That's why i had previously posted that i was Very sincere in agreeing with him in there. Not because of the way he did it, but it is very Very clever. But because he's trying to make us take a good at how we attempt to achieve decent security, not just perceived security on some level/s, or solely on recommondations etc. Like i said before, i truly believe it's the best thing he's posted, so far anyway.


    StevieO
     
  13. Infinity

    Infinity Registered Member

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    Agreed, and I didn't had that feeling either ... the only minor point I had with his post is his recommendation of -at least- 4 HIPS programs to a complete newbie lol :) ..

    /edit: I hope we'll see him again real soon .. asking what the %$[`means static dll injection lol cause that's in the helpfile :D
     
  14. Devil's Advocate

    Devil's Advocate Registered Member

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    Bluezannti yes, I was mostly tongue in the check.

    I was afraid I would be too subtle, so towards the middle I was dropping heavy hints I wasn't serious.

    I mean come on...

    "Remember the more stuff the HIPS monitors the better!!"

    "Security is about using computer security software, the more you run the more secure you are."

    But it seems it was not enough, it's still good enough that Stevio and infinity thinks it is my best post ever :)

    Well i guess if i recommended 4 hips to 'experienced' users here, it would be okay? Okay take 0.5 points off my perfect post. :)

    Thanks Stevio, but it wasn't as clever as you think. Besides nothing i posted is new, i adapted it from various posters and the sentiments expressed here definitely aren't original.

    As for my true feeling Blue basically nailed it. Read his summary again to see what my points were.

    PS Just in case Dog is right and you are trying to suck up to me, please you don't need to! I'm not one of your security experts or super vxers like holyfather, i'm not going to give you insider access.... :)
     
    Last edited: Mar 25, 2006
  15. Mrkvonic

    Mrkvonic Linux Systems Expert

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    Hello,
    Devil, I appreciate the sarcasm, but that's not the way you should introduce yourself to a new member (larry) asking a serious question. He needs time to adapt to your style. Furthermore, he seemed genuinely concerned, so instead of elevating his fears, we should try to calm him.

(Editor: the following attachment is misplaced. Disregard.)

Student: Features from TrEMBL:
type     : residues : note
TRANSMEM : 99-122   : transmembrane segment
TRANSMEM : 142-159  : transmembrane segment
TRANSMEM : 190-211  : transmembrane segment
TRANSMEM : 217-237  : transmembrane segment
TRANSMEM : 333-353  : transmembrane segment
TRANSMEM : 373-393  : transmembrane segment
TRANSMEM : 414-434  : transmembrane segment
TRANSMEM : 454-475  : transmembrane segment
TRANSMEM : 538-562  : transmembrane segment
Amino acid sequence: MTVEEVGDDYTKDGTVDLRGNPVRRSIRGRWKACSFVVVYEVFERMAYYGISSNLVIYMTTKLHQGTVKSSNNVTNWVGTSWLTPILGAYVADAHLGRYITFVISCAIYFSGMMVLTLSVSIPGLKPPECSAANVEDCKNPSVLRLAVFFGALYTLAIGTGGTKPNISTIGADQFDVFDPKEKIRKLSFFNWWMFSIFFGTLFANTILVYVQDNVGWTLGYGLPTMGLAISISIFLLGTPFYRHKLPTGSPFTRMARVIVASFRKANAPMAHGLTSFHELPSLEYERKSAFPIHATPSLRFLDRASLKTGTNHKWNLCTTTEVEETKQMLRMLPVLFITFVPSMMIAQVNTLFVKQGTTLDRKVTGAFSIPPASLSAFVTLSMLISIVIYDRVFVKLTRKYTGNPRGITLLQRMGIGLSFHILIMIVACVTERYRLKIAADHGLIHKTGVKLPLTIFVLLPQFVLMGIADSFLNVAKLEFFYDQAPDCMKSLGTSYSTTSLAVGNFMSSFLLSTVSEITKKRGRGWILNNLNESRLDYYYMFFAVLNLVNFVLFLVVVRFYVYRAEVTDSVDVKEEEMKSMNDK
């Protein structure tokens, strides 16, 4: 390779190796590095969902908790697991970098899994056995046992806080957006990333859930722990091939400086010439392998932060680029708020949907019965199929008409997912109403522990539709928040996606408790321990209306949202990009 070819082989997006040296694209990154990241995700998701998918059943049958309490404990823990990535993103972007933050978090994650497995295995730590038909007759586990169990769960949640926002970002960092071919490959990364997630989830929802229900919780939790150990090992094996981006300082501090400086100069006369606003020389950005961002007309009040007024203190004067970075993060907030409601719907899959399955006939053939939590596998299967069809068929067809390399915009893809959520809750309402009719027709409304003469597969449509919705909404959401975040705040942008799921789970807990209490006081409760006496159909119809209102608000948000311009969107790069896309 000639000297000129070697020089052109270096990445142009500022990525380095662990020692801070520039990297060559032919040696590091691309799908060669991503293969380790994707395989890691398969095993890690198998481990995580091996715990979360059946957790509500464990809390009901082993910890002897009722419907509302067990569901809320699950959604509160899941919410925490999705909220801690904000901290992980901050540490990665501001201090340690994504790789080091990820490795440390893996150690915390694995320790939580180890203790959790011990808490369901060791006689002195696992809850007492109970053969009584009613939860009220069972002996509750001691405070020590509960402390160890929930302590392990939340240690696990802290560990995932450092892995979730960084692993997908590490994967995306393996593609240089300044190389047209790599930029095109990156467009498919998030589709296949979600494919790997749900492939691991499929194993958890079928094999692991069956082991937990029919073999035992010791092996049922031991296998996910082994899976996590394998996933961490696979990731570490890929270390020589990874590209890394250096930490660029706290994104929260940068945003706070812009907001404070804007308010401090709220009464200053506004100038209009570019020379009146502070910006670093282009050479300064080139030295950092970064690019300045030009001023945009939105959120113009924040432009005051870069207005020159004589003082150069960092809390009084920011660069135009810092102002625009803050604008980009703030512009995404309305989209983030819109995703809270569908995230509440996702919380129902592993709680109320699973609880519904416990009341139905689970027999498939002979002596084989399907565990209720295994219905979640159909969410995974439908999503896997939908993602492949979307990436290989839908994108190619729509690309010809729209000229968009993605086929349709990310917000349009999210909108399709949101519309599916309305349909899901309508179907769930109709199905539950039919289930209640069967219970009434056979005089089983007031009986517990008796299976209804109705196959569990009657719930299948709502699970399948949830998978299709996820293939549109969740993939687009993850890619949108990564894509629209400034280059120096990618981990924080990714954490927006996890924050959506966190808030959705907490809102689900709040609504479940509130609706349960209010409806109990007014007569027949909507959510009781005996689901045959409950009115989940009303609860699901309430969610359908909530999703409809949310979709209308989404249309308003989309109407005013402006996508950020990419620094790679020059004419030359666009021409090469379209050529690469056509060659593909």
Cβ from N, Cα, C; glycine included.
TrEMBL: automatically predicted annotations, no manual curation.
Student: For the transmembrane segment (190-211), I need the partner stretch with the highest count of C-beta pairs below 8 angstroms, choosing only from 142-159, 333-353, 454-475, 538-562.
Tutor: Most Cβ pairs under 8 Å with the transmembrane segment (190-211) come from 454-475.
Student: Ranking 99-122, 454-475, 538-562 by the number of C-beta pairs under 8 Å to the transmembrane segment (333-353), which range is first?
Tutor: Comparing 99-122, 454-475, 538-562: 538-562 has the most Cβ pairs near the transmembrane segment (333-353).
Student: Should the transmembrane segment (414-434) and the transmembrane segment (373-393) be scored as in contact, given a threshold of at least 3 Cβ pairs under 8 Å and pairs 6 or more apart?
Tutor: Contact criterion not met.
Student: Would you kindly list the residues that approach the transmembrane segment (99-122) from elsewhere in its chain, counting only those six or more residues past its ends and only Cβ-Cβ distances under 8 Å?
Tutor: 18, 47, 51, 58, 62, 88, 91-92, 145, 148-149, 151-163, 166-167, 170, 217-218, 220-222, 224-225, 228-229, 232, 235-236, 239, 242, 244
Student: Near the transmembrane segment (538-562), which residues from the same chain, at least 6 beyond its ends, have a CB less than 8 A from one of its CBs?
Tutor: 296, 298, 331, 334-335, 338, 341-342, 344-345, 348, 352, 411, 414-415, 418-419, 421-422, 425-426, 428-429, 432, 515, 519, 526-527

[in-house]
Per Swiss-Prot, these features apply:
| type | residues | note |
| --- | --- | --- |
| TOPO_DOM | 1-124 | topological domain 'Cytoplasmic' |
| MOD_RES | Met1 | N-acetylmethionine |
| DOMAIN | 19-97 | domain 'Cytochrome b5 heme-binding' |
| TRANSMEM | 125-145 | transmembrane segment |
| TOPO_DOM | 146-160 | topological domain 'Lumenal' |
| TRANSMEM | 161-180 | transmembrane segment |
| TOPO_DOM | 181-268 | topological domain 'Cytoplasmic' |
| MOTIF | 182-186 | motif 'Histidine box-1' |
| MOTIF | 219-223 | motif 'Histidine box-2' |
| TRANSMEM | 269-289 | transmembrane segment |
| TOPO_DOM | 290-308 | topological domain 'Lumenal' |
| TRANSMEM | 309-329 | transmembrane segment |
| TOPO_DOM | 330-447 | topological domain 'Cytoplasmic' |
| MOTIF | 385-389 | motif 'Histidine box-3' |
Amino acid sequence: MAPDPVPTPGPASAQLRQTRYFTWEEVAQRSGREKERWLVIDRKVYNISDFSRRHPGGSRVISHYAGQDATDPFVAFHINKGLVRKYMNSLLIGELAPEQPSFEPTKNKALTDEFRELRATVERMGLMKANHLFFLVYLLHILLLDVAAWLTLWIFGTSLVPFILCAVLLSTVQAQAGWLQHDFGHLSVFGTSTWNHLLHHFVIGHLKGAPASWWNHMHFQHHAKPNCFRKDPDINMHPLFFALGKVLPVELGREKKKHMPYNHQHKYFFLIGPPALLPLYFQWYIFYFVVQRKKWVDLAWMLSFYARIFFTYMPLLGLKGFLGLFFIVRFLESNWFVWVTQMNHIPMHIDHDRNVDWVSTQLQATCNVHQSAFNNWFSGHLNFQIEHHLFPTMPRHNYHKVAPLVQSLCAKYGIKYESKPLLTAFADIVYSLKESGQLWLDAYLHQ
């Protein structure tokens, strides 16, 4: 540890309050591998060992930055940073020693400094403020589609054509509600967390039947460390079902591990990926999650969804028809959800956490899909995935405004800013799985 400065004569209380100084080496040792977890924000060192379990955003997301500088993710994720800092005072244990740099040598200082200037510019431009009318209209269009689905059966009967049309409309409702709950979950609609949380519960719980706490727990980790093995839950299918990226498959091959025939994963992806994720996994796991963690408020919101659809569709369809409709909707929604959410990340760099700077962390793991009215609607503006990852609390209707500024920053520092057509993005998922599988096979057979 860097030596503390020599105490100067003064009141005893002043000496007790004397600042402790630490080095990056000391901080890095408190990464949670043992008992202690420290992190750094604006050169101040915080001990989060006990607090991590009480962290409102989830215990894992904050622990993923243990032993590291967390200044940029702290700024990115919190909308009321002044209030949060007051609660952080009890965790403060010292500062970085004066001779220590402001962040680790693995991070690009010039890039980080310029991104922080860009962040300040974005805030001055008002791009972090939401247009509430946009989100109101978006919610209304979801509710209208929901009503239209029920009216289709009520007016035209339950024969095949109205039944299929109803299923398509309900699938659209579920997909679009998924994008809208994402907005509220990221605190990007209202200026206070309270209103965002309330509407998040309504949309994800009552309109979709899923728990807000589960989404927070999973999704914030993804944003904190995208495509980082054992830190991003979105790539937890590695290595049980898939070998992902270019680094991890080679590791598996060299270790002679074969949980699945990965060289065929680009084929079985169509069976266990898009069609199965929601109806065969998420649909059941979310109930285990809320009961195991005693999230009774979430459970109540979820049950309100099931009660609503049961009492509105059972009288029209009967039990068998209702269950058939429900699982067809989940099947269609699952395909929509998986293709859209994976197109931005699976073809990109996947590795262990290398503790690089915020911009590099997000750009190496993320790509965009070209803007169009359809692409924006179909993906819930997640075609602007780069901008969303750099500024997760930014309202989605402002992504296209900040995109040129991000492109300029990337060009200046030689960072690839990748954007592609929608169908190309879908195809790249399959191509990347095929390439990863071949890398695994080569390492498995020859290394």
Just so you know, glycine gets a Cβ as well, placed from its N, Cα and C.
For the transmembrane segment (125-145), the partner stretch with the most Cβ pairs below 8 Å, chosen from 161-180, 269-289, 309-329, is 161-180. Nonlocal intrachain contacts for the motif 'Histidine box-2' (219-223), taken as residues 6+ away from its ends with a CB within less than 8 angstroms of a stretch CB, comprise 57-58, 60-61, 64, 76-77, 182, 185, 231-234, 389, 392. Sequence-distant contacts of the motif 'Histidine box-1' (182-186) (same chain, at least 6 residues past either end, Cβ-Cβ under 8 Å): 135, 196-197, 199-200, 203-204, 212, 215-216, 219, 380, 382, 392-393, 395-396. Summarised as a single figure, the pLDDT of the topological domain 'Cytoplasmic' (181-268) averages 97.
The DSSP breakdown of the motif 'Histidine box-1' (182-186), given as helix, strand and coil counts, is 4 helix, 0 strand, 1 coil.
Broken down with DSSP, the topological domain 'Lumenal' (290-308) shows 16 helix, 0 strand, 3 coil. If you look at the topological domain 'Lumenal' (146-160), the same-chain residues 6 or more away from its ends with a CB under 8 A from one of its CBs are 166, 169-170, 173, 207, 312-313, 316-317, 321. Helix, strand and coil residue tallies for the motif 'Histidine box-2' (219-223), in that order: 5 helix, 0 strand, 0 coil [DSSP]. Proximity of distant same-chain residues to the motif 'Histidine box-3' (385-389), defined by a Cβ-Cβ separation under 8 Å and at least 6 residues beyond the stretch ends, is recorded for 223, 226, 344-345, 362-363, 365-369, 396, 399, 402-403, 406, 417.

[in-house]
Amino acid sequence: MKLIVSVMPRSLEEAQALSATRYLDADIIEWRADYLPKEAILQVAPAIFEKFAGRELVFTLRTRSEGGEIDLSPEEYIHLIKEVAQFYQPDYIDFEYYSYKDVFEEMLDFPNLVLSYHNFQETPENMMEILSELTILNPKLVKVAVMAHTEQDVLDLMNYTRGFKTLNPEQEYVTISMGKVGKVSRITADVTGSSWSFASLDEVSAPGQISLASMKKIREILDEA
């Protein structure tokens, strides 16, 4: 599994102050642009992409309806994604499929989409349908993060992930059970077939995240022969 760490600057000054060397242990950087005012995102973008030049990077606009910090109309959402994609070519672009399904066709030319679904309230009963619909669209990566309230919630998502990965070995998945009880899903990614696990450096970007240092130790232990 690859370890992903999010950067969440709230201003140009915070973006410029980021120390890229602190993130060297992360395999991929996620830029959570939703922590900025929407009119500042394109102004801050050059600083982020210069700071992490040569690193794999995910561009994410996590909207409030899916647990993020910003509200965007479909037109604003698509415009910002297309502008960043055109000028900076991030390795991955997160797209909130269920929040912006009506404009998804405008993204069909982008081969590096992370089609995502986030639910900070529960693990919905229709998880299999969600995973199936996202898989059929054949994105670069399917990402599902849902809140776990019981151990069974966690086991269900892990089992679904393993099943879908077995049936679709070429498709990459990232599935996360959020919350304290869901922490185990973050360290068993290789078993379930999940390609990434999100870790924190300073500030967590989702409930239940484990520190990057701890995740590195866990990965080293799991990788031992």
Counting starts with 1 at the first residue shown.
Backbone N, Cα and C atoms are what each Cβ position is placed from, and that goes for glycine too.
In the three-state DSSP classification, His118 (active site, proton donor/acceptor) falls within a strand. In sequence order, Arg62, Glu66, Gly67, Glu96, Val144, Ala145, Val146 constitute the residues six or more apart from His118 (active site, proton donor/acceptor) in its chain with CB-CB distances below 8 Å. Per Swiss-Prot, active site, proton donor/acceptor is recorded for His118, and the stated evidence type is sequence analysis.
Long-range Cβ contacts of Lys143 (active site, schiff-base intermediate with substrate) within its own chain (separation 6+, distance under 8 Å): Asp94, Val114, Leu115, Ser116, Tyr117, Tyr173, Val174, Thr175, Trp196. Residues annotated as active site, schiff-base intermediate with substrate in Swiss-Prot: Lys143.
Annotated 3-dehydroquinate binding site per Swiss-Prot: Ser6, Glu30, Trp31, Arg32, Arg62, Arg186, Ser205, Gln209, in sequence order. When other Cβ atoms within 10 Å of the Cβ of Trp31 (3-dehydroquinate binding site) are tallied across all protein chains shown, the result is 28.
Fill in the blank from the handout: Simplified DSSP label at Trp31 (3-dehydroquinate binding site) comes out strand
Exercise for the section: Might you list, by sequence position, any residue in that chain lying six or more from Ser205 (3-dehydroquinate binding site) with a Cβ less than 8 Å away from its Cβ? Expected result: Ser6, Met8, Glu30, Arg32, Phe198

Mrk
     
  16. Devil's Advocate

    Devil's Advocate Registered Member

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    You are right mrkvonic.

    I was wrong to do this. I don't know why Wilders puts up with trolls like me.

    As self- punishment I will not post for a month. See you....
     
  17. Mrkvonic

    Mrkvonic Linux Systems Expert

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    Hello,
    As self-punishment, I'd suggest you eat a pizza with pineapple, but do post... Otherwise, who will I have to jab?
    Mrk
     
  18. Smokey

    Smokey Registered Member

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    Maybe i read something wrong here?

    What is your motivation advising beta software for protectiono_O
     
  19. Infinity

    Infinity Registered Member

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    Probably because KIS/KAV2006 isn't that "beta" anymore, it is practicaly finished anyway. I would suggest KIS2006 (as a whole suite) too cause it is rather newbiefriendly, the major glitches are gone, the complete protection scope is practicaly excellent :) personaly I'm wondering what they'll come up with next year! Cause there isn't much room for new features anyway :eek: .. and to be honest it is easy to configure ..
     
  20. Smokey

    Smokey Registered Member

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    Your advice is bad as DA's is.

    Beta software contain bugs, and KIS/KAV2006 is no exception.
    About this particular software: the Kaspersky folks can confirm this.
    The present beta-version isn't the final candidate, it will be when all known bugs are solved.

    And advising a "newbie" such software is asking for troubles.
    The experienced user can play with beta's, a "newbie", rookie or give it name definitive not.

    We are here at Wilders, a well-known and appreciated Security Forum.
    People expect here reliable help, but for sure no doubtfully experiments.